In the near future, a drone might be used for faster blood delivery, a senior official said earlier this week after the Indian Council of Medical Research (ICMR) successfully conducted a successful trial. This trial was part of the national mission of expanding the drone ecosystem in India.
The i-DRONE was first used by ICMR during the covid-19 pandemic for distributing vaccines to hard-to-reach areas. The inaugural trial flight to carry blood and blood-related items transported 10 units of blood samples between the Government Institute of Medical Sciences, Greater Noida, and Lady Hardinge Medical College, New Delhi, according to a report in the Press Trust of India (PTI).
Blood and blood-related products should ideally be kept at a low temperature. The experiment showed that the low temperature can be maintained and there was also no damage to the products transported. "We sent another sample through an ambulance and if there are no differences in the samples sent using the two modes then drones will be used all over India," said Dr Rajiv Bahl, the director general of ICMR, as reported by PTI. Developing indigenous capacities in research and introducing innovations and technologies in the mainstream could help achieve possible solutions, he added.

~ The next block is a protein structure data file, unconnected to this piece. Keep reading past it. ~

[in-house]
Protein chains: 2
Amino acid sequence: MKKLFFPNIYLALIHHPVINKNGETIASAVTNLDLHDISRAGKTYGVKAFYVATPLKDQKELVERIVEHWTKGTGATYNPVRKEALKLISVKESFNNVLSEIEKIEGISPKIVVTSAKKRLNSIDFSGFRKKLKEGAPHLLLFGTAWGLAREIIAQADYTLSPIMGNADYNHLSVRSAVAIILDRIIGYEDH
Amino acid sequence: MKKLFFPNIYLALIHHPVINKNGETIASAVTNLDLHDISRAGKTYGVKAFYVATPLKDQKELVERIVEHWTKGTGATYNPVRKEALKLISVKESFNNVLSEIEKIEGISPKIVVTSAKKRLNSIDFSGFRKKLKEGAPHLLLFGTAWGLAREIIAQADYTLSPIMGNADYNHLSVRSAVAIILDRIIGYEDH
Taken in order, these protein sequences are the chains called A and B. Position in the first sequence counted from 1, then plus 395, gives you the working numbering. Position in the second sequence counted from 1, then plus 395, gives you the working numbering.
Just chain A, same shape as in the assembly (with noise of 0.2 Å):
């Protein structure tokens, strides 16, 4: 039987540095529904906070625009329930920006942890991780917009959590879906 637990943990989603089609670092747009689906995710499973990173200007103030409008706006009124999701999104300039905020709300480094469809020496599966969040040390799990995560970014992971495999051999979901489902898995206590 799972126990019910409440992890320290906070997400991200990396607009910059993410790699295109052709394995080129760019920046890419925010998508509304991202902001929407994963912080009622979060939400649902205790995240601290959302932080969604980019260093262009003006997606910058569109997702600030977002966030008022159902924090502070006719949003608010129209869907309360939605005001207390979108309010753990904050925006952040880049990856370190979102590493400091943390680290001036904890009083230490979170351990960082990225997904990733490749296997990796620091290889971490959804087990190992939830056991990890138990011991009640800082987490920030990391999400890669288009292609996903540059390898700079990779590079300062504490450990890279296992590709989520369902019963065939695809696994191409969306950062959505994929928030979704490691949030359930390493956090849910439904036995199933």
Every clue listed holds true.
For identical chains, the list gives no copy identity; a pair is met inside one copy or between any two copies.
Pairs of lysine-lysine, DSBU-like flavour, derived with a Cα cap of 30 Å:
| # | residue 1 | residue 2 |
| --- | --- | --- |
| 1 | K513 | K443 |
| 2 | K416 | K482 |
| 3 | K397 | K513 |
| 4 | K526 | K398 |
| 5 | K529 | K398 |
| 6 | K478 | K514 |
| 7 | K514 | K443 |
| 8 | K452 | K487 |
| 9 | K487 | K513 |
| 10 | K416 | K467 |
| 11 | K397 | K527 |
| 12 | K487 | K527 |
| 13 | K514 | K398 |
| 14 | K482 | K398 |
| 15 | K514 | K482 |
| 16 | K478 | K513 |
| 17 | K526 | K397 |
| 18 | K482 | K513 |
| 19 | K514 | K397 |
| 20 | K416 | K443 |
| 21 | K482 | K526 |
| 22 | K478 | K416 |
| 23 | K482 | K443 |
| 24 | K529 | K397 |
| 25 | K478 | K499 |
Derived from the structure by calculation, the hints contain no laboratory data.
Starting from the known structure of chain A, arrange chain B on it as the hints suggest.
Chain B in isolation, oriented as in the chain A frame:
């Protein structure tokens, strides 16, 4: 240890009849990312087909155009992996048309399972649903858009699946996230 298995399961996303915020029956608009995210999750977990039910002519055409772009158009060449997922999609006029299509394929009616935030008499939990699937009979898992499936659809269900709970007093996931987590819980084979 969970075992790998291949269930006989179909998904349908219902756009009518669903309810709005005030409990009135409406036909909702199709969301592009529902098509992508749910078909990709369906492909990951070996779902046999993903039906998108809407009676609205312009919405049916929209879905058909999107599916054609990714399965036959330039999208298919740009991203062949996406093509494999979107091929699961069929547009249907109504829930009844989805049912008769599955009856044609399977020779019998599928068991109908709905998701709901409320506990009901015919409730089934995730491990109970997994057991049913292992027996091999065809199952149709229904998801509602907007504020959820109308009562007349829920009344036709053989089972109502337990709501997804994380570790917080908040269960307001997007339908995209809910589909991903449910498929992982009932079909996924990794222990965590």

According to Bahl, technology and digitisation have boosted the manufacturing of vaccines and the development of rapid delivery mechanism. The trial was a path-breaking validation study undertaken for the first time in India and run collaboratively by ICMR, Lady Hardinge Medical College, New Delhi, Government Institute of Medical Sciences, Greater Noida, and Jaypee Institute of Information Technology, Noida.
Some countries are already using drones to deliver blood products, vaccines, pharmaceuticals, medical supplies, and even organs to remote, rural areas or areas with poor infrastructure, according to the PTI report. For instance, in Ghana, drone blood delivery for laboratory samples and emergency purposes is available for thousands of health facilities. In the US, drones are highly regulated and air traffic is more congested. Hence, the feasibility of using drones for blood delivery is still being assessed.
Delivering blood using drones, especially to remote areas, could also help save more lives. Last year, a study published in Lancet Global Health analysed about 13,000 drone orders fulfilled by Zipline in Rwanda between 2017 and 2019 and found that half of them took 41 minutes or less to deliver by drone. By road, it would have taken at least two hours. Moreover, reports of wasted blood donations had also decreased, as reported by the Wired.
(With inputs from agencies)